이분 솔찬히 신경쓰여

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wide12

Senior Member
España/Spain
My guess for this is " gradually paying attention to this person", but I dont really understand 솔찬히 (솔찬하다?), and I am confused as to how 신경쓰다 is conjugated there,shouldn't it be 신경써(요)? Is this, maybe, a slang ending?
 
  • Etradissiv

    New Member
    Korean
    신경쓰이다 is a passive form of 신경쓰다 and it means "be bothered by, be annoyed by, or be nervous about."
    So, 신경쓰여 is a correct conjugation.

    솔찬히 is a dialect used in Jeolla Province in Korea, which means "a lot, enough, etc."

    So, 이분 솔찬히 신경쓰여 means "I'm so bothered by this person," or "This person annoys me a lot."
     

    wide12

    Senior Member
    España/Spain
    Thanks! The dictionary really gave me back the result of "pay attention to ...에 열중하다, 주의하다, 조심하다, 신경쓰다" lol.
     

    한국어

    New Member
    한국어
    저는 서울에서 나고 자란 사람인데, "솔찬히"라는 말은 들어본 적이 없습니다. 무슨 뜻인지 전혀 상상히 안가요.

    I was born and raised in Seoul, and I have never heard of the word "솔찬히". I wouldn't have even guessed what it might have meant.
     

    terredepomme

    Senior Member
    Korean
    The dictionary really gave me back the result of "pay attention to ...에 열중하다, 주의하다, 조심하다, 신경쓰다"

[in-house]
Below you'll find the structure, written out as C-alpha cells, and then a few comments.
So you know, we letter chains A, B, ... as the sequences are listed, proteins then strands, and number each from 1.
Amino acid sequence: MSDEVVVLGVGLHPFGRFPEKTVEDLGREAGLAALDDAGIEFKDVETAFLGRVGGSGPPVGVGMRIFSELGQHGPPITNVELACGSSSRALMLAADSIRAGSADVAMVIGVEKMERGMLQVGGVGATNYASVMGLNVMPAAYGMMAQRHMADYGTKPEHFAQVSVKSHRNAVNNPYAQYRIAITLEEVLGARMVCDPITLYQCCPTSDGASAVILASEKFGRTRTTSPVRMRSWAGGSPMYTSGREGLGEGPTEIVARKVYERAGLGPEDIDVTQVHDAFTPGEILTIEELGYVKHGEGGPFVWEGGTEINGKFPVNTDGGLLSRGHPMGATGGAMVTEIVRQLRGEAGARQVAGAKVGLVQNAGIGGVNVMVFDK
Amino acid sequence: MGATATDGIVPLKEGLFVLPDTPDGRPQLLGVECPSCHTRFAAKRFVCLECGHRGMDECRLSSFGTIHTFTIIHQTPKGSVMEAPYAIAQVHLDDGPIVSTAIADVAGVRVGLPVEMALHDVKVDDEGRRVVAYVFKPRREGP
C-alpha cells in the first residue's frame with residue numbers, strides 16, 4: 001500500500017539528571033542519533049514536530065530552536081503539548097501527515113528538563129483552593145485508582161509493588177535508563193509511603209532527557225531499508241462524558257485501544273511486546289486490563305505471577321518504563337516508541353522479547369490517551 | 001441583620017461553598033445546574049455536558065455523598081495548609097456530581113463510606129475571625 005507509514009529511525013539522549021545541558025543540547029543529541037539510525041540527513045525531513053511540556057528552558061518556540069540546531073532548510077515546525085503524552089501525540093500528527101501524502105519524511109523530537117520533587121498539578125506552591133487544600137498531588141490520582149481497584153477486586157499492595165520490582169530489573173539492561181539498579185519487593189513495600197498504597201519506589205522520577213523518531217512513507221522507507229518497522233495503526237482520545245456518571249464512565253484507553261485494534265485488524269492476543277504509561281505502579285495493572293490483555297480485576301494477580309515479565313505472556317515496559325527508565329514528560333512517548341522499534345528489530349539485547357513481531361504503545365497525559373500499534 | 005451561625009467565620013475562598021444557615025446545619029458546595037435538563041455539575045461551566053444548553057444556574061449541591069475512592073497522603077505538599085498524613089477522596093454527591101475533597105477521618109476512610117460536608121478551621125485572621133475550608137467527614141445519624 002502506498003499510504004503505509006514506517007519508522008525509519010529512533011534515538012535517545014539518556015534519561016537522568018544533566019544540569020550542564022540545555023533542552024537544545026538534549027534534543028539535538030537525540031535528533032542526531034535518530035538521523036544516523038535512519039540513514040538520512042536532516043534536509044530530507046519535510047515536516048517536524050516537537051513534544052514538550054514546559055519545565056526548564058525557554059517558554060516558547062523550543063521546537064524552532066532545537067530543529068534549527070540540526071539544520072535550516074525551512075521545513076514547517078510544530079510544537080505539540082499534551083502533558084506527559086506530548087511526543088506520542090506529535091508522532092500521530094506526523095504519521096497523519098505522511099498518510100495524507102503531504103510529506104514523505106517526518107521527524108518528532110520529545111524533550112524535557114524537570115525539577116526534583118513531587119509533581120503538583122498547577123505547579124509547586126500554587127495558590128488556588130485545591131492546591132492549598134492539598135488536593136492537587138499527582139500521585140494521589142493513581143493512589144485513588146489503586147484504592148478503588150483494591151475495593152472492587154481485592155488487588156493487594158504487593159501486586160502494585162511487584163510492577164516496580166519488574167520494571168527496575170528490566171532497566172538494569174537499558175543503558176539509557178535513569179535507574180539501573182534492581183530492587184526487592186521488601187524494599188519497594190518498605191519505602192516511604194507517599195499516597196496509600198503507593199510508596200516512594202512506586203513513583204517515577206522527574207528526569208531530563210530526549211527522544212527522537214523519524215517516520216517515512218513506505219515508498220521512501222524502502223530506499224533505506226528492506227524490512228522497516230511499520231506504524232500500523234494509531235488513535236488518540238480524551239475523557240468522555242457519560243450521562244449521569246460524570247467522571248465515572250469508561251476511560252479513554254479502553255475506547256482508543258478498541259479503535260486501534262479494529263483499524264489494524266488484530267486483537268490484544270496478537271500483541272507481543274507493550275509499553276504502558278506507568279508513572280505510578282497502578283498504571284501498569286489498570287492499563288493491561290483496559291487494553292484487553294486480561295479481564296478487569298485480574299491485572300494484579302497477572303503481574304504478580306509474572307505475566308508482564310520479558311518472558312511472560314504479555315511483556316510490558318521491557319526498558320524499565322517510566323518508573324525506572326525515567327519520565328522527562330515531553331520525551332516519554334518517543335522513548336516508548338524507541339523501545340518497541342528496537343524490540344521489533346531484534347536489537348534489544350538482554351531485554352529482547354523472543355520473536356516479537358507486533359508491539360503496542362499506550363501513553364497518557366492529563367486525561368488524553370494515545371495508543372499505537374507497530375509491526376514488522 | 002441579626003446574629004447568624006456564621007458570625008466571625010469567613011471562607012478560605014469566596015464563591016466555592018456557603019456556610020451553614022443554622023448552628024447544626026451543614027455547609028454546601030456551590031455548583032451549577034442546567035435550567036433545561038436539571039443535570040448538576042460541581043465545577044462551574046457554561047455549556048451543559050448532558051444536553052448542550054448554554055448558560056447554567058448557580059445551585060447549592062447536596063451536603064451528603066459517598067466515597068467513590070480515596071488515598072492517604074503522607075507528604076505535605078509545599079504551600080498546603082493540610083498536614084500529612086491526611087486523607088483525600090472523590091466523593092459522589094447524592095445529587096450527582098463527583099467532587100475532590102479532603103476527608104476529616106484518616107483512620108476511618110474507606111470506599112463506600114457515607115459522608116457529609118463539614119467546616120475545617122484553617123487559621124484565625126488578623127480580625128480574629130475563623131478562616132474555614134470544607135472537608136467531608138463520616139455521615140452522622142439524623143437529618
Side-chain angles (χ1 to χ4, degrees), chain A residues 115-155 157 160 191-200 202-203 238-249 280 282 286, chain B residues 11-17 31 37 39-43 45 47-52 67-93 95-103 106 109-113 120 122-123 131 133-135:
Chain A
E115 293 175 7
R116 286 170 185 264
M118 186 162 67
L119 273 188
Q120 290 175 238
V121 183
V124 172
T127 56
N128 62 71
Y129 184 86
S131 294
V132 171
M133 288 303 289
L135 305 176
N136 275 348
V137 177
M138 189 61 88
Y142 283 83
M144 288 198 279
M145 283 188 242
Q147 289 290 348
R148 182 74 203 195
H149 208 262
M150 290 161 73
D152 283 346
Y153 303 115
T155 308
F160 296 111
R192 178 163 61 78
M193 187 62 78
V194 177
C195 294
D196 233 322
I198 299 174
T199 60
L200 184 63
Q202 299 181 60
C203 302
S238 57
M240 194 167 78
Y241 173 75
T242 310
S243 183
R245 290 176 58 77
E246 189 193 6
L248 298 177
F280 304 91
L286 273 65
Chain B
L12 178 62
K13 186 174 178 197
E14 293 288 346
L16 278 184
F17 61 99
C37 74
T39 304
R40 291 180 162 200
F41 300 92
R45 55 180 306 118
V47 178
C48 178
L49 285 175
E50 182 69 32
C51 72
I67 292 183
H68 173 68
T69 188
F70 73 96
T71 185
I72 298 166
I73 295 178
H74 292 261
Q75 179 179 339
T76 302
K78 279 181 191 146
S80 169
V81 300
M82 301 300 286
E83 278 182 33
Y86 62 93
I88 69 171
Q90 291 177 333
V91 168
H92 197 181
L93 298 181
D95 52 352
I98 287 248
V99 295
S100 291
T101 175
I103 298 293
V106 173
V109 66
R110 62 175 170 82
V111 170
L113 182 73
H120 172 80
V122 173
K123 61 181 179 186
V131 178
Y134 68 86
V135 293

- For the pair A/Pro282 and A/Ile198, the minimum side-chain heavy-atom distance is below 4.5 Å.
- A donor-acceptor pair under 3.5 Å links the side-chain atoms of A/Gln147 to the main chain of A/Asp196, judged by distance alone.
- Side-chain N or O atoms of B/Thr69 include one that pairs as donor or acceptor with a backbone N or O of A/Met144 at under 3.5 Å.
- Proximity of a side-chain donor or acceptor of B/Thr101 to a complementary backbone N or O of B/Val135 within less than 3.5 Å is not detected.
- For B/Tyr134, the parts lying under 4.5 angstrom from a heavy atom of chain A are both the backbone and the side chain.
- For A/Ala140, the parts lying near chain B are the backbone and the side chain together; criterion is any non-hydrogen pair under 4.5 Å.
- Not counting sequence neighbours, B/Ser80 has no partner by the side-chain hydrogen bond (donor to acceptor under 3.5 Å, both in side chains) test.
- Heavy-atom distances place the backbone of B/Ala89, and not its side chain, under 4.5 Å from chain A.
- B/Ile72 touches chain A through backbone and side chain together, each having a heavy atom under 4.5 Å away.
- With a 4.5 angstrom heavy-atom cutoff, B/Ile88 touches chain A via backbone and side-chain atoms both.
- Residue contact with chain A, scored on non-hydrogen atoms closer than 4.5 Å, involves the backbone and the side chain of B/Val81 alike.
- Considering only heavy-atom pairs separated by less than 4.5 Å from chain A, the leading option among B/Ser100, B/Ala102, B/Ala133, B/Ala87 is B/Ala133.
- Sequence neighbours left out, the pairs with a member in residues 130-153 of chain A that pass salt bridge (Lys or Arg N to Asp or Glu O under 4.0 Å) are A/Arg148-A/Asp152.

Su diccionario es correcto, y aunque 신경쓰다 pueda significar "ser preocupado o énervado," su sentencia puede también significar "me intriga, esta persona..."
     

    terredepomme

    Senior Member
    Korean
    고맙다 terredepomme님 ㅋㅋ
    De nada :) Pero la forma 존댓말 de 고맙다 es 고맙습니다 o 고마워요. En general, se utiliza el 존댓말 en internet, a diferencia de español.
     

    wide12

    Senior Member
    España/Spain
    De nada :) Pero la forma 존댓말 de 고맙다 es 고맙습니다 o 고마워요. En general, se utiliza el 존댓말 en internet, a diferencia de español.
    Oh, pero, 고맙다, aunque pueda sonar raro, tambien es una forma respetuosa ,¿no?
     

    hangroo

    New Member
    Korean
    haha, it might be a bit confusing word for for foreigners :)
    because 솔찬히 is a dialect of JeonRa-do ( is one of a region bigger than a city)

    it's like : not easy (to understand) -> "very"

    but now it's not that common for younger generation
     
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